1. It is similar to the concept to be defined, as the latter’s vagueness permits.
  2. It is defined in an exact form.
  3. It is fruitful in the study.
  4. It is simple, as the other requirements permit.

All these requirements are very much reasonable and suitable for the current purpose. And let us have a look what they mean concretely to the working definition of intelligence:

  • Similarity: Though “intelligence” has no exact meaning in everyday language, it does have some common usages with which the working definition should agree. If we consider that a normal human beings are intelligent, but most animals and machines are either not intelligent at all or much less intelligent than human beings.
  • Exactness: Given the working definition, whether a system is intelligent should be clearly decidable. For this reason, intelligence cannot be defined in terms of other ill-defined concepts, such as mind, thinking, cognition, intentionality, rationality, wisdom, consciousness, and so on, though these concepts do have close relationships with intelligence.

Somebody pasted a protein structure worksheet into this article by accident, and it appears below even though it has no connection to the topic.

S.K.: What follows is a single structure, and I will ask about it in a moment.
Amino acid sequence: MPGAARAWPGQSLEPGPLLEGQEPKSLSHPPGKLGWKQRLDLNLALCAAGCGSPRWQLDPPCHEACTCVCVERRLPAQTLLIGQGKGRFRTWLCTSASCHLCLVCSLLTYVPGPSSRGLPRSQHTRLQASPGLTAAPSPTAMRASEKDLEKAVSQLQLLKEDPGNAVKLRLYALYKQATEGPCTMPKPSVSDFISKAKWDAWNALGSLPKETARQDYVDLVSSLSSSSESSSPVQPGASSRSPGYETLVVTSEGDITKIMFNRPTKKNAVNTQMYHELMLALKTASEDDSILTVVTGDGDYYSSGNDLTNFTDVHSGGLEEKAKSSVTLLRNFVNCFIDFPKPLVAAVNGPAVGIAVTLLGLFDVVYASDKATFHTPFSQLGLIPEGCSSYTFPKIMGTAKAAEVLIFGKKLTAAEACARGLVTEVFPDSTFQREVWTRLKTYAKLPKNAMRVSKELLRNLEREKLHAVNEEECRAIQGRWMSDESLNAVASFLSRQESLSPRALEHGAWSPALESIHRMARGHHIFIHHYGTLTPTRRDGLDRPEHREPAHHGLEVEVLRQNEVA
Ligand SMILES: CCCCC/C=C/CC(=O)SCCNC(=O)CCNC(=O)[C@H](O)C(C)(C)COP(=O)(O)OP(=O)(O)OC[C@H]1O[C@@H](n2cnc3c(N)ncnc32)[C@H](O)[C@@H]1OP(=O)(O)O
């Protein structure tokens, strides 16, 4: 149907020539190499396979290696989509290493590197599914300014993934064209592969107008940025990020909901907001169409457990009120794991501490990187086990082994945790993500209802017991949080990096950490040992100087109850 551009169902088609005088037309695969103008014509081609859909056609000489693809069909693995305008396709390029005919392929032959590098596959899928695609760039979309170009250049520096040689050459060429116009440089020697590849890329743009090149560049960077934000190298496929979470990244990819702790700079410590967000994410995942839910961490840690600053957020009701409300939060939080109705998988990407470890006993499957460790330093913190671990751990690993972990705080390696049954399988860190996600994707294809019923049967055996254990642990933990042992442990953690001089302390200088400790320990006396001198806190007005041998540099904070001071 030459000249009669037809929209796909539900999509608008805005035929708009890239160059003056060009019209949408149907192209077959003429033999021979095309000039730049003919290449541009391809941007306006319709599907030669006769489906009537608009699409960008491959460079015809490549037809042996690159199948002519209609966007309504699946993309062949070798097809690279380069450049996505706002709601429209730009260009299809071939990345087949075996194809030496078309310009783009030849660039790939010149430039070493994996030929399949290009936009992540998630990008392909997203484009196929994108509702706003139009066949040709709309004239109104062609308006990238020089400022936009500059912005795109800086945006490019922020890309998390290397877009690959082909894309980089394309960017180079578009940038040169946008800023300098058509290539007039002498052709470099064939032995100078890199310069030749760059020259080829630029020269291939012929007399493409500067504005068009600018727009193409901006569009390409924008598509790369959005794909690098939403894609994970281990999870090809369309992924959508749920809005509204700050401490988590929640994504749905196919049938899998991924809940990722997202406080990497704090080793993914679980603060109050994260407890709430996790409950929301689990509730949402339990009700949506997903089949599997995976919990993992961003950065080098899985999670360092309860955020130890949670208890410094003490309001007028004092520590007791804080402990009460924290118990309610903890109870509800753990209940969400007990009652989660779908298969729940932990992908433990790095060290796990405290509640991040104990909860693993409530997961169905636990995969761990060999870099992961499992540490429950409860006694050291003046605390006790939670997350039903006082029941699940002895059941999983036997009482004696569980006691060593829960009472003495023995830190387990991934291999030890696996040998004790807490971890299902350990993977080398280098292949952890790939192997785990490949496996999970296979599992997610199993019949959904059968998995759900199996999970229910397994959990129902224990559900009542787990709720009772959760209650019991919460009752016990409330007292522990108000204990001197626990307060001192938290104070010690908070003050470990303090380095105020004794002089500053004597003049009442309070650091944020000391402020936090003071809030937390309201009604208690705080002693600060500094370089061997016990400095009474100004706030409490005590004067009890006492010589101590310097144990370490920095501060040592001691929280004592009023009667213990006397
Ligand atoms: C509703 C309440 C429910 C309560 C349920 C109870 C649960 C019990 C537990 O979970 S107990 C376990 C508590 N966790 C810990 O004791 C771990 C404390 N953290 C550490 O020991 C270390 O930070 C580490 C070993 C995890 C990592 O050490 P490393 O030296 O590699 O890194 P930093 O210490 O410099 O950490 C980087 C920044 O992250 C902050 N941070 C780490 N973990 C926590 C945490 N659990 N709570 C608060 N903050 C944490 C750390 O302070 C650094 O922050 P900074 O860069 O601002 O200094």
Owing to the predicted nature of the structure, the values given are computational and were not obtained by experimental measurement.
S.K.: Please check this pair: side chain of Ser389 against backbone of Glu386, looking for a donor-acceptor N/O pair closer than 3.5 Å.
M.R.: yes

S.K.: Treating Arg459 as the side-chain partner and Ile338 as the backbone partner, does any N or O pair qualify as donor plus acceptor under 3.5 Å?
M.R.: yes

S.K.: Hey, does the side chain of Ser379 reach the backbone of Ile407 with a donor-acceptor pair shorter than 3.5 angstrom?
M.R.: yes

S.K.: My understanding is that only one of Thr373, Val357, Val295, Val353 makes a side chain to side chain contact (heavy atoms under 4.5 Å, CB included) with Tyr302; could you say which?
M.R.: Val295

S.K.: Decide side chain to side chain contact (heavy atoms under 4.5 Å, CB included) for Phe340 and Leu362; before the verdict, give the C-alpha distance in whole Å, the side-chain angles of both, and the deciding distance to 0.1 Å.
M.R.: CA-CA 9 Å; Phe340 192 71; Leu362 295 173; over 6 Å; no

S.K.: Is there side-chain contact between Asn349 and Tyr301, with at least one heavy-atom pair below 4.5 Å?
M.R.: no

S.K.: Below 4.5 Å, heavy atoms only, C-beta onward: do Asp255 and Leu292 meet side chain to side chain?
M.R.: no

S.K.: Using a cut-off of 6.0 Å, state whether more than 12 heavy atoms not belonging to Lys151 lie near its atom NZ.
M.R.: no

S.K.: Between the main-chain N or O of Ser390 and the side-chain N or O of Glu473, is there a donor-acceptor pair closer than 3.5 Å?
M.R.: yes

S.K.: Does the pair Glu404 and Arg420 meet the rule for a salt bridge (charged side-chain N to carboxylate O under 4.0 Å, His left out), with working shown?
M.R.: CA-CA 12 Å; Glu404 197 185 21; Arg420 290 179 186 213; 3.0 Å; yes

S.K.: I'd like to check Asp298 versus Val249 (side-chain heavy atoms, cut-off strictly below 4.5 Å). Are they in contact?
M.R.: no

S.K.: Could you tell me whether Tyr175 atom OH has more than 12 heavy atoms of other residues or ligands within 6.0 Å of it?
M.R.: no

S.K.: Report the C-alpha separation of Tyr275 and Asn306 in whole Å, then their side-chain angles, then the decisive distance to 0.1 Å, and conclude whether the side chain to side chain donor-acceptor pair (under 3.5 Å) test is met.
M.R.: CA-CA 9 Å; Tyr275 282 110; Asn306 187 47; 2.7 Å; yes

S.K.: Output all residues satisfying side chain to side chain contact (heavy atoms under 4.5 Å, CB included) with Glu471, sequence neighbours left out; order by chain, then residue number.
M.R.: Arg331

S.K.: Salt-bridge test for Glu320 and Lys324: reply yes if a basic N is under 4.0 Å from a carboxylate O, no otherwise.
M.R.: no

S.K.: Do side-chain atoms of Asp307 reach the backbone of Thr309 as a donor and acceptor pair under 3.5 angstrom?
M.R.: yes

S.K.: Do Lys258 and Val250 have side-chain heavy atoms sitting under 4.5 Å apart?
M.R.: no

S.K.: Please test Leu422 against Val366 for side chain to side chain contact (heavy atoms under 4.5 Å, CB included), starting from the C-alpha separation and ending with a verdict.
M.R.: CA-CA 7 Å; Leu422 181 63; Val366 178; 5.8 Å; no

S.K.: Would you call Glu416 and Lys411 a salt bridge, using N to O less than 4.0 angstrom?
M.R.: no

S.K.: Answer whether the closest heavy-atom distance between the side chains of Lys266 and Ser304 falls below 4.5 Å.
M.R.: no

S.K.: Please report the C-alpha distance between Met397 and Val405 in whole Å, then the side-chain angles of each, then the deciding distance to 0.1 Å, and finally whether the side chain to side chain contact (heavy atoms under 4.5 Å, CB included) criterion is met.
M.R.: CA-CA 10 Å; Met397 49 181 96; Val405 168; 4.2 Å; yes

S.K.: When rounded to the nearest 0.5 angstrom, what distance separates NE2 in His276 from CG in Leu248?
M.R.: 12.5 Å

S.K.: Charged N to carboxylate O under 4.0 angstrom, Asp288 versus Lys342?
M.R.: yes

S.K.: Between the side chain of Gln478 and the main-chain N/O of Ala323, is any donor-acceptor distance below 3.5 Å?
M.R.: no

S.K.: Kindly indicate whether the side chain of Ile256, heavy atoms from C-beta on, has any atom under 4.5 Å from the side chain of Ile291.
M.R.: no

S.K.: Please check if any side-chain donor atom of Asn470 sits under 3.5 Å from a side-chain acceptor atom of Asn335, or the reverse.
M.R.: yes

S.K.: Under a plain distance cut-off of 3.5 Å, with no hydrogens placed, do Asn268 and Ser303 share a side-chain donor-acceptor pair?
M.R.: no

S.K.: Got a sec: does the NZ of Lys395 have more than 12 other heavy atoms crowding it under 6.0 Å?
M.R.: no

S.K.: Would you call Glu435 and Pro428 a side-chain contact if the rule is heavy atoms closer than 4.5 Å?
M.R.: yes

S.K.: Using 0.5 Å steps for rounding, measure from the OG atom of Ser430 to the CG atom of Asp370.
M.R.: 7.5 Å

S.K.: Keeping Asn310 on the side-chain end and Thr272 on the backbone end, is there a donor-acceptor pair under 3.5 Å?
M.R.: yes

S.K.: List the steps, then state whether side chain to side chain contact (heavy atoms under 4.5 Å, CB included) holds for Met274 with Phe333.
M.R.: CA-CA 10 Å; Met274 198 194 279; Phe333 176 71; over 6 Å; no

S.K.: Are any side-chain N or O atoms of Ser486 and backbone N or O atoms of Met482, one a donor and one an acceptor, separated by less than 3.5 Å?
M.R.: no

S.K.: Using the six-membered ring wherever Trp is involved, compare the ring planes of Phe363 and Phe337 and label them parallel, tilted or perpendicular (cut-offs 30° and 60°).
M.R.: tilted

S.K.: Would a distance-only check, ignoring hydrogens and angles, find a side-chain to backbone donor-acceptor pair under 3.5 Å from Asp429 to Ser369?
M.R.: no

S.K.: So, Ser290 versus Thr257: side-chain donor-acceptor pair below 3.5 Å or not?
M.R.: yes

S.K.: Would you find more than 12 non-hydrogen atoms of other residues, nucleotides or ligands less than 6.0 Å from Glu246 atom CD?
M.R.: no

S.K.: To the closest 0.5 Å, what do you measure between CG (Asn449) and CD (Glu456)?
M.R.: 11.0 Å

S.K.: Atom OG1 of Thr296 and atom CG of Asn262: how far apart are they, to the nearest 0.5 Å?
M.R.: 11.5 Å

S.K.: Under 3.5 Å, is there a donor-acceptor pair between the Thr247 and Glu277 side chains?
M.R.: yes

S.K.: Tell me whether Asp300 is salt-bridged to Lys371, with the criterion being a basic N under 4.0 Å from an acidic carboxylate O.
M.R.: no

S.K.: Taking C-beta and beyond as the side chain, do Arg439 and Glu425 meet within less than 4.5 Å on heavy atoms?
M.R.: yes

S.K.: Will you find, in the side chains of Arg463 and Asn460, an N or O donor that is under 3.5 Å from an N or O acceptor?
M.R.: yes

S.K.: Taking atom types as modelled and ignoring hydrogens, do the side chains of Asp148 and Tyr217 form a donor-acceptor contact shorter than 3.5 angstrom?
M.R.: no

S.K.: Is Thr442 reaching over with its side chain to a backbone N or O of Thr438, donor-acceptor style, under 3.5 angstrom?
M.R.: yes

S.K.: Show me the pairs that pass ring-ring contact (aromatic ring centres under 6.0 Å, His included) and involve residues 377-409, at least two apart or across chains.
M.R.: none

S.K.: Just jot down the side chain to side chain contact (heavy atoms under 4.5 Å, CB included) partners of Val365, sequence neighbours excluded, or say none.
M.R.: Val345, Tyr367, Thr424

• Fruitfulness: The working definition should provide concrete point for the research based on it, for instance, what assumptions can be accepted, what phenomena can be ignored, what properties are desired, and so on. Most importantly, the working definition of intelligence should contribute to the solving of fundamental problems in AI.
  • Simplicity: As intelligence is surely a complex mechanism, the working definition should be simple. Theoretically, a simple definition makes it possible to explore a theory in detail; and practically a simple definition is easy to implement.

For our current purpose, there is no exactly “right” or “wrong” working definition for intelligence, but there are comparative ones. When comparing proposed definitions, the four requirements may conflict. For example, one definition is more fruitful, while another is simpler, other may be exact and may be the other one is similar. In such a condition, some weighting and trade-off becomes necessary factor. However, there is no evidence showing that in general the requirements cannot be satisfied at the same time.